It was a lot of lessons learned. I was just out of medical school and working at a company called McKinsey. I had some extra money and started investing in real estate. As Leti said, back then, there were a lot of opportunities to buy properties, have them appreciate $100,000, $200,000, leading up to the market crash in 2007, 2008. You could also buy these properties with very, very little money down, which is what resulted in a lot of people getting into trouble, myself included. I think the main thing is that we learned a lot from it. Leti benefited from that, as well, because we took all those learnings and put it into the course. I've invested through two recessions, and I really had a chance to experience what that's like and learn from it. Probably the one property that actually saved me was a property that was an eight-unit townhouse complex, which cash-flowed, and I was able to force appreciation. In other words, I was able to increase the value of that property by about $200,000 just by increasing the rents. This was in the middle of the recession. That showed us that this is a really great recession-proof investing method, where we invest in cash-flowing rentals and we increase the value of those properties using rents, and it's called forced appreciation.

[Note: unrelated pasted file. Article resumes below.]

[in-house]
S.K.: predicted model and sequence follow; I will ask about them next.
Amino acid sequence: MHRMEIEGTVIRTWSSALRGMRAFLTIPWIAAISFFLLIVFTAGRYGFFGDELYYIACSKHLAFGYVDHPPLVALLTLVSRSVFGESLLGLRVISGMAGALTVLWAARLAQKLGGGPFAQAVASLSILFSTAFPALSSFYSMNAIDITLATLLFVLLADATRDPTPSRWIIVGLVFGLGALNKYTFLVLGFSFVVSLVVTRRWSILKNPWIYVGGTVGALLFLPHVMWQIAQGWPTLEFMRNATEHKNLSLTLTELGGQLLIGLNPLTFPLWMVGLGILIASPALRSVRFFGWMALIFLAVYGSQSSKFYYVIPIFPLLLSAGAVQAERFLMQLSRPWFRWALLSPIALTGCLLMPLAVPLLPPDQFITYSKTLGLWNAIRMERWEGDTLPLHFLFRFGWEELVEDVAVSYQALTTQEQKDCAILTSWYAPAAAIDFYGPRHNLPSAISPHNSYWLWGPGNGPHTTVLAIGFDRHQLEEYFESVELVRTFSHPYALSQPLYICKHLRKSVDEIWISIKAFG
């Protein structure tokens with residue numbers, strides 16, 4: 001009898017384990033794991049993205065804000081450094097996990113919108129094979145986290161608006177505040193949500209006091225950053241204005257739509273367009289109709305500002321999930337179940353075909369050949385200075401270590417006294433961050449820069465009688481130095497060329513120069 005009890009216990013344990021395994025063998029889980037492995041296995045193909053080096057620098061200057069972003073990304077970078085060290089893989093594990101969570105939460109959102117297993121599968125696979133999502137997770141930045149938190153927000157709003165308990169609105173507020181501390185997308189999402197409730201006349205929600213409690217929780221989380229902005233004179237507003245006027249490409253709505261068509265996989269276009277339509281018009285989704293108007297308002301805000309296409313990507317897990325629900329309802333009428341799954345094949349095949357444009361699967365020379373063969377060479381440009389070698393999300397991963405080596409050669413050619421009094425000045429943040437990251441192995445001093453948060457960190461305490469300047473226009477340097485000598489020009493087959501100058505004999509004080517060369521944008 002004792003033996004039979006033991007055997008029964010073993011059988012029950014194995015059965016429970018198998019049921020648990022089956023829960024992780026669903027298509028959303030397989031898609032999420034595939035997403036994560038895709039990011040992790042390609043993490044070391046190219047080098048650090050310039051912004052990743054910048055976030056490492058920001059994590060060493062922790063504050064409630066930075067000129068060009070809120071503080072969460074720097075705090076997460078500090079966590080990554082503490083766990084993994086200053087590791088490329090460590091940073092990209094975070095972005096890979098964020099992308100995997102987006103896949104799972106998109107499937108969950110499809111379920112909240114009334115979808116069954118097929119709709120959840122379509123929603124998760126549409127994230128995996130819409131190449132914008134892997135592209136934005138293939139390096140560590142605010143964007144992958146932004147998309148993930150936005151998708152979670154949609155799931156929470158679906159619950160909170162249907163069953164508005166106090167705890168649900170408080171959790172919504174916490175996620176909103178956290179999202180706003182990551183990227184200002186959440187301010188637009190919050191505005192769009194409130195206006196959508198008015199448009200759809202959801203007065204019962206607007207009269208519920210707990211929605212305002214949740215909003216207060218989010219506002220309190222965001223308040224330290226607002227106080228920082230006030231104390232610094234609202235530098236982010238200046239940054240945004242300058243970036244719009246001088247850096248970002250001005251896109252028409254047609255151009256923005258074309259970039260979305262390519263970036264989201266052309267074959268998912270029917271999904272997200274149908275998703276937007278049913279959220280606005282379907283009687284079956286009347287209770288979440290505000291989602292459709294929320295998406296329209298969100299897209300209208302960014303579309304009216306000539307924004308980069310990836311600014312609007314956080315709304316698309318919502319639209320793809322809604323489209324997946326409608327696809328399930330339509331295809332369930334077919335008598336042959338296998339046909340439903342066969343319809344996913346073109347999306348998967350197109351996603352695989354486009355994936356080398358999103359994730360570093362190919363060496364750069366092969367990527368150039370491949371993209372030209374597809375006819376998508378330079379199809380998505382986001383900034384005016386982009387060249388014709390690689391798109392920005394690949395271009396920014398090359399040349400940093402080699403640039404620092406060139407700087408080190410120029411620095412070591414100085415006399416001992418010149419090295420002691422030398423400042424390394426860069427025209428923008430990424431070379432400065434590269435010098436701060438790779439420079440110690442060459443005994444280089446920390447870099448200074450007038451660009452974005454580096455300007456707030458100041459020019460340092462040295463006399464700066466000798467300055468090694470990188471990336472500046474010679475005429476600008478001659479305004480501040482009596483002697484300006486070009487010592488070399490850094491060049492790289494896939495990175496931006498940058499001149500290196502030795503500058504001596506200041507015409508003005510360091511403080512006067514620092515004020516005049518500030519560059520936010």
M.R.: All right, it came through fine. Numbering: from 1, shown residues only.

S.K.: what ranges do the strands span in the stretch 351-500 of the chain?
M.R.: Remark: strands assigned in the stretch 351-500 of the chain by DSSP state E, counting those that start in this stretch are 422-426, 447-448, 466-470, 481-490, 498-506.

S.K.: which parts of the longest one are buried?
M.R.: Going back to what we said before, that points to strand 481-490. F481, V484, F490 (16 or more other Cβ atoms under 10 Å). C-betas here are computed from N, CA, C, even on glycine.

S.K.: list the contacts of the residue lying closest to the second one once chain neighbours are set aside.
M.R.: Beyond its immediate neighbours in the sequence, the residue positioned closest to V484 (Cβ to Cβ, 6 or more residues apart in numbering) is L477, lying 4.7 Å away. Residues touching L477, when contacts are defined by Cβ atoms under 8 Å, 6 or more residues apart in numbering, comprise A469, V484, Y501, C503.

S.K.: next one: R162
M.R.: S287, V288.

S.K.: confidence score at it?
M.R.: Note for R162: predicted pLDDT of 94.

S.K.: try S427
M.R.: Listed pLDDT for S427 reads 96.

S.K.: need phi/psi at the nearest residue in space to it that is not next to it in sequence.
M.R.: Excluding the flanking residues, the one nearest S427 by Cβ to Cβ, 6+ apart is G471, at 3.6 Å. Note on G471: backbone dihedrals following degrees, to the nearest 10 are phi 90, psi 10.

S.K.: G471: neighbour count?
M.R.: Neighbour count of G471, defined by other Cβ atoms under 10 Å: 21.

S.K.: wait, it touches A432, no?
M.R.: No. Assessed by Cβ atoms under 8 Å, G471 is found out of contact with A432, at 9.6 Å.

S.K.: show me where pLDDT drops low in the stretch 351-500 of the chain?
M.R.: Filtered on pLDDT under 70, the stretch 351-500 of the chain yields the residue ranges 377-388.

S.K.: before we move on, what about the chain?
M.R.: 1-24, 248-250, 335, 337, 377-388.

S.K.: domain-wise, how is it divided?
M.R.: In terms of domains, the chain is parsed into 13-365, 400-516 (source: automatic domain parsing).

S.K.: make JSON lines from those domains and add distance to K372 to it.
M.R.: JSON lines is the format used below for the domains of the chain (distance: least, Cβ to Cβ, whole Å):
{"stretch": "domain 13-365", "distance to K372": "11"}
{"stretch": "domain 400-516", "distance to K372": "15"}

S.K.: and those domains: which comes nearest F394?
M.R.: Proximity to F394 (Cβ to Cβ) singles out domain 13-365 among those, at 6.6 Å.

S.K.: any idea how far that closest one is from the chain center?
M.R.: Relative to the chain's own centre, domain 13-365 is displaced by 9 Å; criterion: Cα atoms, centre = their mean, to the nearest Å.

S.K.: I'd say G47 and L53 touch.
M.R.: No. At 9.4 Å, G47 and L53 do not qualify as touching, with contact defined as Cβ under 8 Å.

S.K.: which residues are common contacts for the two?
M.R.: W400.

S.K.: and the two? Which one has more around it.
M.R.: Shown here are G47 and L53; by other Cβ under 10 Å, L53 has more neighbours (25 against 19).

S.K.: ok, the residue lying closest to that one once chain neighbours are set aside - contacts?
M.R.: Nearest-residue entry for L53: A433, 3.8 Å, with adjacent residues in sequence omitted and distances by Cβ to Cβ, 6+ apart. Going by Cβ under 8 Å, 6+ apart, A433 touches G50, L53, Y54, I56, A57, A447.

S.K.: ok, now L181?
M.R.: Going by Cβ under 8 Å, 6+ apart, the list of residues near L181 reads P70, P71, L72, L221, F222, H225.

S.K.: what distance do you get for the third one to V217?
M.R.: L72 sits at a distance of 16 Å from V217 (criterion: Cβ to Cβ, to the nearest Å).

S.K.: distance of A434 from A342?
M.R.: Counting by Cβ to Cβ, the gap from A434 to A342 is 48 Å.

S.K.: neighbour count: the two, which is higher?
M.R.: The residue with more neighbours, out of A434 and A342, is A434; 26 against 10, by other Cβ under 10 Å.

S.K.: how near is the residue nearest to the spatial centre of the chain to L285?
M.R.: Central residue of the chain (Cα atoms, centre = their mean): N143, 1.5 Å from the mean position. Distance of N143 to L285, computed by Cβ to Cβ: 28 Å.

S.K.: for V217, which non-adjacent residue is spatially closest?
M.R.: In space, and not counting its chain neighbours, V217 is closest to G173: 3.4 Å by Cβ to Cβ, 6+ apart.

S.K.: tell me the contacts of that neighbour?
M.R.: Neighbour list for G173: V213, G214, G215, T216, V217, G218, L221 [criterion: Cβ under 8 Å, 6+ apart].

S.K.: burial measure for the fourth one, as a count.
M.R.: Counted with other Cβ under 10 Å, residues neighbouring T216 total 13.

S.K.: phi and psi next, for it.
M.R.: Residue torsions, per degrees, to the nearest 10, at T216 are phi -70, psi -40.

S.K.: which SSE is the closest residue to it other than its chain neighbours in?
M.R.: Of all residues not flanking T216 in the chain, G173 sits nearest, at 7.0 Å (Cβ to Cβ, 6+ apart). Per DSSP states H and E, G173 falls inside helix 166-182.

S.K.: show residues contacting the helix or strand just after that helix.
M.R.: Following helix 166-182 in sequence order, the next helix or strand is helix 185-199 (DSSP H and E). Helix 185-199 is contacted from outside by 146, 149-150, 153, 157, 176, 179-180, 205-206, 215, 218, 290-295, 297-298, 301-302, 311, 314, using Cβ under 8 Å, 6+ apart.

Dr. Letizia Alto:

When we got together, one of the things Kenji had asked me was, “Hey, what do you want our lives to look like?” I had started describing kind of the current path we were on. He said, “No, no, if there were no limitations, if there was unlimited money, if that didn't matter, what would you want your life to look like?” I then described a very different life. One of the things that came out of that is we realized we need to have a source of income that doesn't rely on us trading our time for money, because we were both working more than full time. And that wasn't going to get us to the life I was describing of having a villa in Italy, and having all our friends there and a big family there, and the ability to travel. It just wasn't in the cards working W2 incomes.